Amazon Fail: A Follow-Up

By Amanda Marcotte
Tuesday, April 14, 2009 21:23 EDT
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Well, the hopes that Amazon was just an innocent victim of a bantown event or right wing complaint campaign have been shot to hell. The company released an official statement about deranking nearly 58,000 titles that had feminist, LGBT, or sex-positive* titles, and unfortunately, it’s not satisfactory and indicates that the deranking was, in fact, intentional-ish:

“This is an embarrassing and ham-fisted cataloging error,” Drew Herdener, spokesman for the online retailer, wrote in a statement.

“It has been misreported that the issue was limited to gay- and lesbian-themed titles,” he said. “In fact, it impacted 57,310 books in a number of broad categories such as health, mind and body, reproductive and sexual medicine, and erotica.”

Don’t lie to us, dude. Yes, the books were in those categories, but there was a thick political difference between who got dinged and who didn’t. Heather Corinna’s teen sex ed book got hit with a de-ranking, but a bunch of abstinence and sex-negative books are still ranked. “Heather Has Two Mommies” somehow got hit for being “adult”, but books on preventing your kid from being gay weren’t. The pregnancy and dating guides that got hit were gay-centered, but similar books aimed at straight people were spared. Feminist titles like “Full Frontal Feminism” and “The Means of Reproduction” got deranked, and these are predominantly political books. #amazonfail may be slowing down, but mostly because people suspect the problem was fixed. But even if Amazon didn’t intend for their policy to be ham-fisted, somehow they bought right into the assumption that liberal views on LGBT issues and female sexuality are more suspect than more conservative ones.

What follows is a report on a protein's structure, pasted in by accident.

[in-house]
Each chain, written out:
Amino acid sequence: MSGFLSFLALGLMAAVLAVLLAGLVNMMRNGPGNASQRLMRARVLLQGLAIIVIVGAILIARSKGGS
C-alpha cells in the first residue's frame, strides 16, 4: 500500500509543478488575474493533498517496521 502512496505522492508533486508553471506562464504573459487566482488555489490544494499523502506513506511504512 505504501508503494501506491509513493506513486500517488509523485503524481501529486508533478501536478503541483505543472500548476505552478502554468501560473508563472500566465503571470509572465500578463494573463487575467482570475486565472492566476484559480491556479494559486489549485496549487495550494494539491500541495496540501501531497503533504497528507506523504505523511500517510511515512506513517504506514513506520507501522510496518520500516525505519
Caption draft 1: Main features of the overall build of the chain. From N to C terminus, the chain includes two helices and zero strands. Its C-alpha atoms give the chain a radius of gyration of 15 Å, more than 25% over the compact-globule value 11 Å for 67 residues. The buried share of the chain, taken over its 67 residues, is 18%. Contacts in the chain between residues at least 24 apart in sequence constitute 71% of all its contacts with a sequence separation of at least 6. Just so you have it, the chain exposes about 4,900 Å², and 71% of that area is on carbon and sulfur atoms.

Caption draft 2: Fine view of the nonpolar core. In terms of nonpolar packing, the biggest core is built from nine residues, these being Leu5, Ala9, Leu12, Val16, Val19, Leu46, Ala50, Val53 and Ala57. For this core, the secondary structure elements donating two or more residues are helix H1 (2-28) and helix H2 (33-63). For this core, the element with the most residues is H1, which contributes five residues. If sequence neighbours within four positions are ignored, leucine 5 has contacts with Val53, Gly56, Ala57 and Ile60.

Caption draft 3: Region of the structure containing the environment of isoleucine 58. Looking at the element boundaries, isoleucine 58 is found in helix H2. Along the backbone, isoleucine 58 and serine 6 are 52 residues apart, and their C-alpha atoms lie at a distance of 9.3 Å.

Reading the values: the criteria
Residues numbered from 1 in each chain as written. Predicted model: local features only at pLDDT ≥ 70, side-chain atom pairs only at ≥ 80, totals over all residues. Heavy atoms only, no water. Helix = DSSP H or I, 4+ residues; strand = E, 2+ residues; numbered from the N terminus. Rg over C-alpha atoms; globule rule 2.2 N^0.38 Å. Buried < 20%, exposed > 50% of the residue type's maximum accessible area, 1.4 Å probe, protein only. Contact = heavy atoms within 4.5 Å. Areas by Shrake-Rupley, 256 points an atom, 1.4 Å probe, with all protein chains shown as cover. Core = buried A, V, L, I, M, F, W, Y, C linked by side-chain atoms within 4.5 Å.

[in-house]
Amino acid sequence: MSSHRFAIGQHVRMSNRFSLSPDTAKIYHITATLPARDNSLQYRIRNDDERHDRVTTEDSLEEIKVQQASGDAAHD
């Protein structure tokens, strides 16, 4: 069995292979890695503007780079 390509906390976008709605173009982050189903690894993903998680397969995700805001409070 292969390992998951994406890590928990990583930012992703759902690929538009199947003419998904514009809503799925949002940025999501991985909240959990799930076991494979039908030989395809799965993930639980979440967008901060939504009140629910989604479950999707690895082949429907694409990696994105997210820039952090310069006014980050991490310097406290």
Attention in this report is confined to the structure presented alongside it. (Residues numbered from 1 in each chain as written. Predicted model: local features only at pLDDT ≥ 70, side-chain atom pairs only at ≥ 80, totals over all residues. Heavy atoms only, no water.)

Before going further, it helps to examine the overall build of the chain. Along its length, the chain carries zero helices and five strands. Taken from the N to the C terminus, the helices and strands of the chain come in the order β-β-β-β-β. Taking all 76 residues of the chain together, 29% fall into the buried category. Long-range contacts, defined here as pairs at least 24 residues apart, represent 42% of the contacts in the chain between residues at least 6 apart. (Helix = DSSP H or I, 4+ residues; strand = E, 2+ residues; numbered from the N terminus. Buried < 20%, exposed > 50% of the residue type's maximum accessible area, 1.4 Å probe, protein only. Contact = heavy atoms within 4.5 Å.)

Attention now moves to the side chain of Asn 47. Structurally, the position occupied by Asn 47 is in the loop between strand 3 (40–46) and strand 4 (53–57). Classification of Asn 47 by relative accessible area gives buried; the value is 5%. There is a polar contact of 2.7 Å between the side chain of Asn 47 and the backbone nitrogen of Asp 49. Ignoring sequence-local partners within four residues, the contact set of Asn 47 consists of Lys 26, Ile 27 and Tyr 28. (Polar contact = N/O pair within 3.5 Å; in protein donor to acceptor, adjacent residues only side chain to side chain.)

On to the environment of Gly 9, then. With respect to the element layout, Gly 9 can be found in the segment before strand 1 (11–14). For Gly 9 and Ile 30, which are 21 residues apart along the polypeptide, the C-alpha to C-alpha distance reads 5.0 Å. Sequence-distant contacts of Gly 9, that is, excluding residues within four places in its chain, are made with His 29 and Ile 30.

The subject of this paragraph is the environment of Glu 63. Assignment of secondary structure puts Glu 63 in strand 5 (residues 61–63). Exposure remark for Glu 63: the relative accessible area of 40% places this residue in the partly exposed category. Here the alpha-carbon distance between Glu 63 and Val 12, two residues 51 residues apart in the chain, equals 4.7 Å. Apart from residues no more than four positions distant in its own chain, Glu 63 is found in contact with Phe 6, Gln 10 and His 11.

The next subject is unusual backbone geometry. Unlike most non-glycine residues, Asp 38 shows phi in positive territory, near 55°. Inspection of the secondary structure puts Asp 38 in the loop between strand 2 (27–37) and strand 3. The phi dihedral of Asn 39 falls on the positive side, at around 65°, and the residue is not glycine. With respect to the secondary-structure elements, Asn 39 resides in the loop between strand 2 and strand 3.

Heather agrees with my suspicion: